In the A&B tradition, I think about our origins in that fateful grouping in 7th grade science class. We were all such demure, shy, awkwardly polite kids and having to work in a group where we were all tripping over ourselves to be gracious was like:
Then, you invited me to your Halloween party and I was all, “Really? But we barely know each other….” And you were all, “Yeah!”
But the next few times I came over to your house, I ended up neglecting you because your dad and I were better friends than we were. Oh, the days of talking politics with ol’ Benjamin. You recently told me that you got jealous and called your momma to complain that your dad was hogging me.
But very quickly, you and I became thick as thieves and Ben became The Foe.
And our pickle-juice-in-his-Coke-can prank failed. Who smells their drink unless they’re at a sketchy frat party?!
But after 7th grade, we only had like two classes together again for the rest of our middle school through high school days, and every time we got our schedules we’d look at each other and be like:
And I reminisce of the days of high school procrastination where the payoff was even larger than now because our teachers loved us and often praised us in class for our “thorough attention to detail, insightful analysis, and clear effort.”
Even though we are the masters of procrastination and artisans of the fine skill that is BS-weaving and often looked like this when we worked:
And year after year, paper after paper, project after project, we freak out in the final hours of due dates and swear to each other never to procrastinate again, exchanging vows of kicking each other’s rears if the other one did. Unfortunately, years of excelling academically despite our slacker style has left us like this:
And then grew up, as children tend to do. And you chose to attend UCLA and I was like:
But not really. But it’s pretty hilarious that we as best friends are mortal academic enemies and our rivalry looks more like this:
When I visit, we sit along Bruin Walk and play the rating game. Ninety percent of the time, we’re giggle and go:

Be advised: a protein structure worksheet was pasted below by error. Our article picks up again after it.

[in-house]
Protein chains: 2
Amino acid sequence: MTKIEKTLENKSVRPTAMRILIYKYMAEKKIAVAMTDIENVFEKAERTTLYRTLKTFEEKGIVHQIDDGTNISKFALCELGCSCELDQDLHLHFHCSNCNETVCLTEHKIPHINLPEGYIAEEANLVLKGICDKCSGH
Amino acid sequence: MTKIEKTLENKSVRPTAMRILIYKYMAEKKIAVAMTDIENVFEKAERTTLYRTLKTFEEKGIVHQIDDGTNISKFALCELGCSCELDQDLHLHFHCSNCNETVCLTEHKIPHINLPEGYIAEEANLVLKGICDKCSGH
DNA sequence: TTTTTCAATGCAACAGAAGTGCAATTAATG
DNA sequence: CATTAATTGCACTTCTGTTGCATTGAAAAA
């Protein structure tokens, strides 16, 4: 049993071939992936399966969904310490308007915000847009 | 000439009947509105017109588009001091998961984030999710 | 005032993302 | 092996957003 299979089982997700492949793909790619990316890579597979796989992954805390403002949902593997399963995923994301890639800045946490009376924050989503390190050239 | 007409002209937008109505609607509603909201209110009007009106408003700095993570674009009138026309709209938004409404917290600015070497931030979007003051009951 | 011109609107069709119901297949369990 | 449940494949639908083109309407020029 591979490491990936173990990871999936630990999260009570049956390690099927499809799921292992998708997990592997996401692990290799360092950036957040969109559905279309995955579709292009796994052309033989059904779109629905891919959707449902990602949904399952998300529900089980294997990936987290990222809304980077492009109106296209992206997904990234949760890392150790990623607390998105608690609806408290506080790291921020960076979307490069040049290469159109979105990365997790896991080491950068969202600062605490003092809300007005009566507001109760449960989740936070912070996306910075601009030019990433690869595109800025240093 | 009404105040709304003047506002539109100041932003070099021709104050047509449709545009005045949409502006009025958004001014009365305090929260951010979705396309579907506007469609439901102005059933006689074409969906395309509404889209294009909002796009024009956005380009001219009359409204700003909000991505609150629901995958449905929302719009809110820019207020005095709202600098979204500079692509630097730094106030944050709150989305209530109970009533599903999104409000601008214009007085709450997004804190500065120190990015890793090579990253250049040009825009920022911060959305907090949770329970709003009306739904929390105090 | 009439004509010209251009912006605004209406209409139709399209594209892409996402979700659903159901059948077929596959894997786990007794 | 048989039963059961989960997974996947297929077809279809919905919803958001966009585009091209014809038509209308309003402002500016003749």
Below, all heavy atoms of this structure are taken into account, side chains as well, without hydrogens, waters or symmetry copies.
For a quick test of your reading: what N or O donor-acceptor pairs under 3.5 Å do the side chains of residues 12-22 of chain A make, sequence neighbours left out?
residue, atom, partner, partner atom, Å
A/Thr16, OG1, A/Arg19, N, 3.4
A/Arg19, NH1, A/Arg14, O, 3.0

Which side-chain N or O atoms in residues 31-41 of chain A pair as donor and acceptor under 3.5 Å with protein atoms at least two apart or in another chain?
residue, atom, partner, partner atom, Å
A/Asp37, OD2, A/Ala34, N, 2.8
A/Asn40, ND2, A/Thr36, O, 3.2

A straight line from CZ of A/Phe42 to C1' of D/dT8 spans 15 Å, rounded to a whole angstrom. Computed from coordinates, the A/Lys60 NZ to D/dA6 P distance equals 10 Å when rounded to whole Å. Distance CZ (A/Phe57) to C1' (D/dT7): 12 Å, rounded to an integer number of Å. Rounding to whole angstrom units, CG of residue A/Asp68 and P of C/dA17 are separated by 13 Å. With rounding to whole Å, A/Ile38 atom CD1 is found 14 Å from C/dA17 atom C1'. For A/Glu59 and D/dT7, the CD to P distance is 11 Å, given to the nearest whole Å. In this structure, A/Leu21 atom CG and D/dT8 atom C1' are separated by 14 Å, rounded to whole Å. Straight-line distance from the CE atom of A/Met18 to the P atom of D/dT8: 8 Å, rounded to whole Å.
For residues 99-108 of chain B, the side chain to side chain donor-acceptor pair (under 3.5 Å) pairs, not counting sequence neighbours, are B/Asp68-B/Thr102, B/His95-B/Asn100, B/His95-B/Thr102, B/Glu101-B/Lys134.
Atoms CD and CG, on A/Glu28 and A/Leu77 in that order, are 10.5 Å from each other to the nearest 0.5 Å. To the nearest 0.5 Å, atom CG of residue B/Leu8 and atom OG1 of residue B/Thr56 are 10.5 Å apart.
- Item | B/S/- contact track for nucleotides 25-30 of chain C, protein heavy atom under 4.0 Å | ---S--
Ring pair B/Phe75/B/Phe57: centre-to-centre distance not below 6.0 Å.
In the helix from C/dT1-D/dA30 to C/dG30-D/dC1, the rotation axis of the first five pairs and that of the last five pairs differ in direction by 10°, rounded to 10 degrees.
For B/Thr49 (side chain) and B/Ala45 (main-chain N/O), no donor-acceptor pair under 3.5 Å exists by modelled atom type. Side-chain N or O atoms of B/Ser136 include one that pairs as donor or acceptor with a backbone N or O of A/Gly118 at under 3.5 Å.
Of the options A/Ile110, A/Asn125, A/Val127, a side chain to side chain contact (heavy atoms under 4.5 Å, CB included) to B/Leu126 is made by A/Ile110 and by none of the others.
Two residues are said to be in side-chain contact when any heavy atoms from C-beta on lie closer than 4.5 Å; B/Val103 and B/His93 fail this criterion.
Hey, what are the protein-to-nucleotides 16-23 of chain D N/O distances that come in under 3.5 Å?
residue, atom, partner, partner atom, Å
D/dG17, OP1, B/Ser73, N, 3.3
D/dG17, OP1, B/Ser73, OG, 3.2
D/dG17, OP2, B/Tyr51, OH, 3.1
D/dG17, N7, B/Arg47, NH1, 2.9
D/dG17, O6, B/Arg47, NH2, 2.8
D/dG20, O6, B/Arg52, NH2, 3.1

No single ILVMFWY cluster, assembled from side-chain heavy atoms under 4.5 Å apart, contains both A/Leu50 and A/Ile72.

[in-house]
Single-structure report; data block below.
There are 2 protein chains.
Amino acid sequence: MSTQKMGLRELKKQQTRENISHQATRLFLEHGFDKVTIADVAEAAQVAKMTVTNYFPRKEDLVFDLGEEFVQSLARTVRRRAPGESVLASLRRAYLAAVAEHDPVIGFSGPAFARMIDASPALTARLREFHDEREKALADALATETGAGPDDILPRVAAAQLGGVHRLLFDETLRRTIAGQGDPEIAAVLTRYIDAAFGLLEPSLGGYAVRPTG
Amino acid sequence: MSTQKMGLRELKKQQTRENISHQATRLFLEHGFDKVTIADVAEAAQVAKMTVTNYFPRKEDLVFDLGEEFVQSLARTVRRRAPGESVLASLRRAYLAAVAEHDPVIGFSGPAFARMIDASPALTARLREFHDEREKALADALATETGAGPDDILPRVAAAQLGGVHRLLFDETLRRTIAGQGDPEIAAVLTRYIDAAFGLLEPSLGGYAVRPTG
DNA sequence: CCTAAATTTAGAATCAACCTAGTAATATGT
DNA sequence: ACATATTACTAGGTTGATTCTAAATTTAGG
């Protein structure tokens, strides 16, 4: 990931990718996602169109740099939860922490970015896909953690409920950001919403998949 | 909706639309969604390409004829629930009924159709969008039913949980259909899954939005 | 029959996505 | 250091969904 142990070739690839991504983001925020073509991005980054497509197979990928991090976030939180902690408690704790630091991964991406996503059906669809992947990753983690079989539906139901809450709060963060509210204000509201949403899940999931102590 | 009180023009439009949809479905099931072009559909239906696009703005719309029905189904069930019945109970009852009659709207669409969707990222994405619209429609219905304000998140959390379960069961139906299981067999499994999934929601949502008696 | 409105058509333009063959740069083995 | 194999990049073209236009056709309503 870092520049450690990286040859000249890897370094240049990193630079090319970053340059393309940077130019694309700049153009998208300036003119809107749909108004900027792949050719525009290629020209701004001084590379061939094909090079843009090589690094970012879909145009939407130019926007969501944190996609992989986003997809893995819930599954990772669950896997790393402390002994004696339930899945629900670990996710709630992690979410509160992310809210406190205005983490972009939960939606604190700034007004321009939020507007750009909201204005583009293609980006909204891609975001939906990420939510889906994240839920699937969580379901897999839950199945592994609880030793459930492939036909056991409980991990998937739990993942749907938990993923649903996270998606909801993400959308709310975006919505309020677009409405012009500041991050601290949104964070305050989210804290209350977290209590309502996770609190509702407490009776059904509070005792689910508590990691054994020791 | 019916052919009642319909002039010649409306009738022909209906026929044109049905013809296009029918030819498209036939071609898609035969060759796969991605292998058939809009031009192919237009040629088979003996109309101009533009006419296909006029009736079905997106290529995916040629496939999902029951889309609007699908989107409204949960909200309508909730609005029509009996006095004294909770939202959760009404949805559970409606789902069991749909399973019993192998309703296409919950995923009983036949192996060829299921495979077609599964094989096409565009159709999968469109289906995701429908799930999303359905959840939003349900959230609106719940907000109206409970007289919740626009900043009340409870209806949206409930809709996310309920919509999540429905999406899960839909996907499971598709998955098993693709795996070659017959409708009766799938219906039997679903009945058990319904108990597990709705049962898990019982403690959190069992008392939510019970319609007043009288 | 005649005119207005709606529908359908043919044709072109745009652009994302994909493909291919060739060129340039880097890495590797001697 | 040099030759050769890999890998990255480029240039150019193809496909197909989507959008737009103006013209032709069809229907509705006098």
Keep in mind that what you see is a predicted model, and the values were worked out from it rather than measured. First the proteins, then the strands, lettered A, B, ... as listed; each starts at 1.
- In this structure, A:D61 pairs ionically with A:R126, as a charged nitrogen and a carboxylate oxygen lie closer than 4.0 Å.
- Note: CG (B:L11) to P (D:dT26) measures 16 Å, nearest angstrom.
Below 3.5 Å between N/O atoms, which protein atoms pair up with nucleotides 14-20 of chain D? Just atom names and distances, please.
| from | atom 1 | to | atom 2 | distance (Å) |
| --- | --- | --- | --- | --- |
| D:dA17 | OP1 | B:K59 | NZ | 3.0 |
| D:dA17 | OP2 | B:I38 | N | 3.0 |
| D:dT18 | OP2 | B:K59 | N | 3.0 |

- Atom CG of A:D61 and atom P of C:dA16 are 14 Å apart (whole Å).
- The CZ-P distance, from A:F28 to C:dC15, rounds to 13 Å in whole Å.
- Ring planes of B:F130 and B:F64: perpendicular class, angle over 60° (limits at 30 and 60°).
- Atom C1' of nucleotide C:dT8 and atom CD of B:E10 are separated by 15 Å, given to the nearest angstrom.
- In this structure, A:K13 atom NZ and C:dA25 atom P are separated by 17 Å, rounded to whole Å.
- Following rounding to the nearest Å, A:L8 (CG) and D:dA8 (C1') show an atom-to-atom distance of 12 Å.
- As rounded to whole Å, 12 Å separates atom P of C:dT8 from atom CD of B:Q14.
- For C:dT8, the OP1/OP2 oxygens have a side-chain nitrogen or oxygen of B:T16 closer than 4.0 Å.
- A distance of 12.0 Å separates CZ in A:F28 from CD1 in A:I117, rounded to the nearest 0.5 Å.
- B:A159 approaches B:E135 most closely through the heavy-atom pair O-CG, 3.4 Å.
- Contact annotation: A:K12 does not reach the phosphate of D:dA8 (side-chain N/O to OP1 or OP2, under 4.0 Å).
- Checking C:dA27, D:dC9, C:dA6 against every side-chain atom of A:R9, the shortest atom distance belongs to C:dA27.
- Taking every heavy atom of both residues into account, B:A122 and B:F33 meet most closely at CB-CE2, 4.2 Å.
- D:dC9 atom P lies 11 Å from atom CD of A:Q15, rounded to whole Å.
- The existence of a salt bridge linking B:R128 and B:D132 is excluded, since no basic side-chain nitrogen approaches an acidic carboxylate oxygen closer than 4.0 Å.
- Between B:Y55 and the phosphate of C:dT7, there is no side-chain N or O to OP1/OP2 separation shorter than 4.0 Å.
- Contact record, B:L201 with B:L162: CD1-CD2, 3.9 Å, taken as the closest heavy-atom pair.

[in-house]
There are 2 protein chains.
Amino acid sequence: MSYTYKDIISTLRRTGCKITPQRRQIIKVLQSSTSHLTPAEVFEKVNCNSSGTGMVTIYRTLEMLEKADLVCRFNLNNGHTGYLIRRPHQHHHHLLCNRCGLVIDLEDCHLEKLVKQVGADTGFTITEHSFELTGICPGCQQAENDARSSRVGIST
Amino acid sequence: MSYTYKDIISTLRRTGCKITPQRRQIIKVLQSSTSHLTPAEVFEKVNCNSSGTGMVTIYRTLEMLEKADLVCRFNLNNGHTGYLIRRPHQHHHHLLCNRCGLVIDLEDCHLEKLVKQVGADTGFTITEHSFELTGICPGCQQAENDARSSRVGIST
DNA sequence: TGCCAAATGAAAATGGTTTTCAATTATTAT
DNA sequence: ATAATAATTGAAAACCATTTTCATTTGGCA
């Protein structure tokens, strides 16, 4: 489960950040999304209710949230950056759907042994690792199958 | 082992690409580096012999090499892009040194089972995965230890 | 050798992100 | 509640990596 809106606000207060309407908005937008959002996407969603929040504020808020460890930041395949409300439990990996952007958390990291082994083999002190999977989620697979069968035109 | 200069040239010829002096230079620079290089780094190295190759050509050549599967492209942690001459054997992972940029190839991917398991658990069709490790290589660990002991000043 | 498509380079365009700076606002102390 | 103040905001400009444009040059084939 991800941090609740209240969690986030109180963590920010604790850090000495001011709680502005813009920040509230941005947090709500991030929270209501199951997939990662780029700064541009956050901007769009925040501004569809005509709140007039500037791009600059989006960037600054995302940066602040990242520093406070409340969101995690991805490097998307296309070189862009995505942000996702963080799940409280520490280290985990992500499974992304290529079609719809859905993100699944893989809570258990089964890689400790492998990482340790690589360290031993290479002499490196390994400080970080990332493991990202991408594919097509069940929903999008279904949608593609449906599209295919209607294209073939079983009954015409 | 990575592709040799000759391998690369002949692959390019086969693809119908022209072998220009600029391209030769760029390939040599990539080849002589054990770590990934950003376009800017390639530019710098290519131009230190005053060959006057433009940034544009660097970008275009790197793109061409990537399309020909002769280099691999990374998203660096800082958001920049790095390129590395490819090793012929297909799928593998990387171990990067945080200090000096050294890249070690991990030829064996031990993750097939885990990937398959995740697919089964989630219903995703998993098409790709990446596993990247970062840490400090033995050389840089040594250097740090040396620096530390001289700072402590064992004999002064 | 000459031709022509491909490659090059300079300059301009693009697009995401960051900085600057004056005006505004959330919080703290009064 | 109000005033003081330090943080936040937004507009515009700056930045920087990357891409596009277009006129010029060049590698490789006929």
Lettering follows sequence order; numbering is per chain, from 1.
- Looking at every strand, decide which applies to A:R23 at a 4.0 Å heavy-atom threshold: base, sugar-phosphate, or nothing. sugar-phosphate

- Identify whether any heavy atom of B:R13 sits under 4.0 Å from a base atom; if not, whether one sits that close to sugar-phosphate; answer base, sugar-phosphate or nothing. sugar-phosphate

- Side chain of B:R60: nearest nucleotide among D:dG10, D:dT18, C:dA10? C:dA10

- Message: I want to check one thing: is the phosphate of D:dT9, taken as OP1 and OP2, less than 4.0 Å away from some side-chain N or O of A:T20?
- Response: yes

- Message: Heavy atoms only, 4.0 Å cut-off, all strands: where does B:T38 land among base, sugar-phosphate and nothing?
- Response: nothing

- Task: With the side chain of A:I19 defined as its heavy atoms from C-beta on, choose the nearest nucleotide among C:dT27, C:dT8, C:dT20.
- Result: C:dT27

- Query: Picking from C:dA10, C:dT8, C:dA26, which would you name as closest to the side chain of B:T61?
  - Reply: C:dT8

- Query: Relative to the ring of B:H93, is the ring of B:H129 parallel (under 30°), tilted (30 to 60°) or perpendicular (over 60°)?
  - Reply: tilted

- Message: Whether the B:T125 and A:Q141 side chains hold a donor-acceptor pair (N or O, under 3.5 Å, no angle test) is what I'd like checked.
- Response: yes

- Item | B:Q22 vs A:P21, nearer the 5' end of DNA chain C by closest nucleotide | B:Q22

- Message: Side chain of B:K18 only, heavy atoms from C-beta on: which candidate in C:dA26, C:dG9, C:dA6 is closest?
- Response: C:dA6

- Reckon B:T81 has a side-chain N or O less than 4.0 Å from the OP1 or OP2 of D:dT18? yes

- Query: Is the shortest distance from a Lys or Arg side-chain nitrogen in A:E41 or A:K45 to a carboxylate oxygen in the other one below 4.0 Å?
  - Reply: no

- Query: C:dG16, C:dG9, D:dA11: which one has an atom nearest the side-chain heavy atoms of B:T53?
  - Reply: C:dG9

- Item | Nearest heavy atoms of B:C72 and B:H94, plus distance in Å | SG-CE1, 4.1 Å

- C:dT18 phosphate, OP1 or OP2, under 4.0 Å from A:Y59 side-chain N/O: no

And of course, our win on my birthday when we went to dinner and, through banter with the waiter, got served lovely champagne and we were like:
Speaking of which, normally I’d celebrate a birthday like this:
The above scene is something we’ve yet to experience together. Hmmm, maybe now that you’re nineteen you’ll relent.
Wow, nineteen. Again, I have to say it. Nineteen. Now that my freshman year of college is three days away from being completed, I can’t help recalling the day I moved out of our childhood city and you came by to say goodbye. -commence tearing up at the memory-
Despite the tests of time apart and distance, we remain best friends. Whenever we think of how easily we could have been in different 7th grade science classes or a different group, we give thanks to the Scheduling Gods.
Jeez. Look at us. Finishing up our first year of college. And to think, it seems like just yesterday we were anxious and groaning of how old we were because we were eighth graders going off to high school.
You know, now that we’re nineteen, we’re actually both in our twentieth year of life. Twenty. The big 2-0. Oh man! Forgive me if my math is incorrect, seeing as how I’m terrible with that subject, but if we’re in our twentieth year of life now, doesn’t that mean we’re embarking on the third decade of life now? I’m positive that’s correct. Holy dickens, that’s terrifying.
But you know, it’ll be alright. We know each other. We’re strong, intelligent, and capable. And we’ve got each other. So….
And at every location, the sales staff all greet me by name each time because I’m the only person under 40 who goes in to obsess over fountain pens. Then they let me try all the pens and give me limited edition display books and catalogues.
And each time I buy more ink because I can’t yet afford the Grace Kelly pen.